The distinctive nature of Islamic economics is emphasized, based as it is on sharing and cooperation while recognizing the role of self-interest and competition. Compassion, moderation and balance are projected as chief behavioral and social characteristics of an Islamic economy. In the light of current information and experiences we add sustainability as a desired feature. We need fresh intellectual, behavioral and regulatory initiatives to bring ground reality closer to Islamic economic aspirations. Lessons to learn from the experiences over the last fifty years are noted. A research agenda of learning from fiqh contributions in the light of historical developments in Muslim economies in various regions is proposed. The objectives of Islam (maqasid al-Shariah) require Muslims to work for betterment of the lot of humanity in general, hence a reaching out to other civilizational communities is recommended with a willingness to innovate and create new ways of realizing old aspirations.
All is not well with the economy of man. The feeling has become universal as evidenced by furious self- doubt and anxious re-examination afflicting economists and social scientists the world over. The chief worries have been increasing inequality within and between nations, persistent deprivation and poverty in some parts of the world, recurrent crises accompanied by loss of jobs for millions of peoples, rising levels of anxiety caused by threats to world peace and internal security, and widespread perceptions of environmental degradations. A sense of failure pervades the academia and politicians are at a loss how to regain credibility. For Muslim peoples in general and for those sponsoring Islamic agendas in particular, the last decade has been like going through an ordeal. All the euphoria of liberation from colonial past and the good intentions behind the developmental efforts that followed have crashed against rocks of false dreams, mutual discards and age-long suspicions towards, and deep prejudices harbored by other peoples. Economic crises being the most visible part of the civilizational breakdown, Islamic economics has been hit by the storm full blast. The frustration of friends who looked up to it as a panacea for all ills of the ummah is matched only by the jeers of outsiders who never believed in its promises or its claims to being distinct. Our deliberations today, as many that preceded it and those yet to follow, are expected to address this problem.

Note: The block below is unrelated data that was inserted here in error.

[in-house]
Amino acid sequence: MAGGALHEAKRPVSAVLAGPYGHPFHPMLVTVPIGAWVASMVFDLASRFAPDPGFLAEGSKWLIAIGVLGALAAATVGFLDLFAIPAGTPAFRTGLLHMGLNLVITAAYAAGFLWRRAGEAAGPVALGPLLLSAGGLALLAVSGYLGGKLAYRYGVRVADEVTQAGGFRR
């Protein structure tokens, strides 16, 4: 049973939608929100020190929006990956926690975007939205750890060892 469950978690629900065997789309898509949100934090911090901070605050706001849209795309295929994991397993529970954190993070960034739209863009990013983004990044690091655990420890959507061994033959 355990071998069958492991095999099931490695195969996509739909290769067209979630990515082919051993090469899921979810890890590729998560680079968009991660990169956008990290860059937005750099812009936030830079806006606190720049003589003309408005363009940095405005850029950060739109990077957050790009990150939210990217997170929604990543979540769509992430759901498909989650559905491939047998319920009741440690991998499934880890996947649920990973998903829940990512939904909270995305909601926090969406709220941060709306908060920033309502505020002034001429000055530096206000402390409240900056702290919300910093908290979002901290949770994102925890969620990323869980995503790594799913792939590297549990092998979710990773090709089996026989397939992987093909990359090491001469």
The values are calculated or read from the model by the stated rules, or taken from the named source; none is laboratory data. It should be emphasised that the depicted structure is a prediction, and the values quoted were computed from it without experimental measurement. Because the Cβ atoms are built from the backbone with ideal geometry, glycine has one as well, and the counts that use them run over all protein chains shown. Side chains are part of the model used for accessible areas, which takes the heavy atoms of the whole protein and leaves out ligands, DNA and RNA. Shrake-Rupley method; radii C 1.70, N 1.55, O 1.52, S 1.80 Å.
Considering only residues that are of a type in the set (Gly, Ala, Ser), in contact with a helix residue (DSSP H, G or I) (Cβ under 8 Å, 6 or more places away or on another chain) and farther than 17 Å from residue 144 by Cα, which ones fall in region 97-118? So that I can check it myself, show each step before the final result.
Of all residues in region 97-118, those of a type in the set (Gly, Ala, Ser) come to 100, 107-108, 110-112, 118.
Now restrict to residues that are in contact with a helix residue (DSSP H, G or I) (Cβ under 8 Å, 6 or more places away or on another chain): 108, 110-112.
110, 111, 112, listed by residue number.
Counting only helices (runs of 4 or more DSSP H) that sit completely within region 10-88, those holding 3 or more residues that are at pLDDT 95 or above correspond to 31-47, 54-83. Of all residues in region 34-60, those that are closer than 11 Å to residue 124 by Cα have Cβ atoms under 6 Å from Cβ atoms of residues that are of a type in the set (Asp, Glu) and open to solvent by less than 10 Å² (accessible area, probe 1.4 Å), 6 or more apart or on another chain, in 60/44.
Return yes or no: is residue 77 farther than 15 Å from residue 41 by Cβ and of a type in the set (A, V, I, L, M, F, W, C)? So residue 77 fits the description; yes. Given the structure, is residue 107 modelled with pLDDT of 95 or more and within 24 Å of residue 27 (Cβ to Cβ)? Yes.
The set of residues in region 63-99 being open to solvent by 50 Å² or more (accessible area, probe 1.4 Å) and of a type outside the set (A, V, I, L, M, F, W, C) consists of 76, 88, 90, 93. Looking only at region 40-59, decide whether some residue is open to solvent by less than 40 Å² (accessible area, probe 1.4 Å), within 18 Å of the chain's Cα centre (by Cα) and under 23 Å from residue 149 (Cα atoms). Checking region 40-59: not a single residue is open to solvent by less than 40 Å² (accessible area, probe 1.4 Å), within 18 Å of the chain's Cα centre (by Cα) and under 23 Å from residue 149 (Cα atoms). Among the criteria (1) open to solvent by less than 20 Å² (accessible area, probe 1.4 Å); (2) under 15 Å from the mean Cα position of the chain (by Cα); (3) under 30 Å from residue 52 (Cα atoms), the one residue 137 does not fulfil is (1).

It is routine to review the past of a project focusing on the origins, before an examination of the current situation leads to a program for the future that includes a research agenda. But we also need to take into consideration the future, insofar as we can surmise it. It is not very unusual for projects conceived three quarters of a century ago to unfold in an unexpected way. It will be very frustrating, however, to reform with an eye on a bygone world to the neglect of the one about to dawn. Part of our predicament lies in the fact that we fail to envision how to realize eternal values in changing temporal and spatial settings, taking the easier course of assuming continuation of the same settings in which the values were revealed/realized in the first place.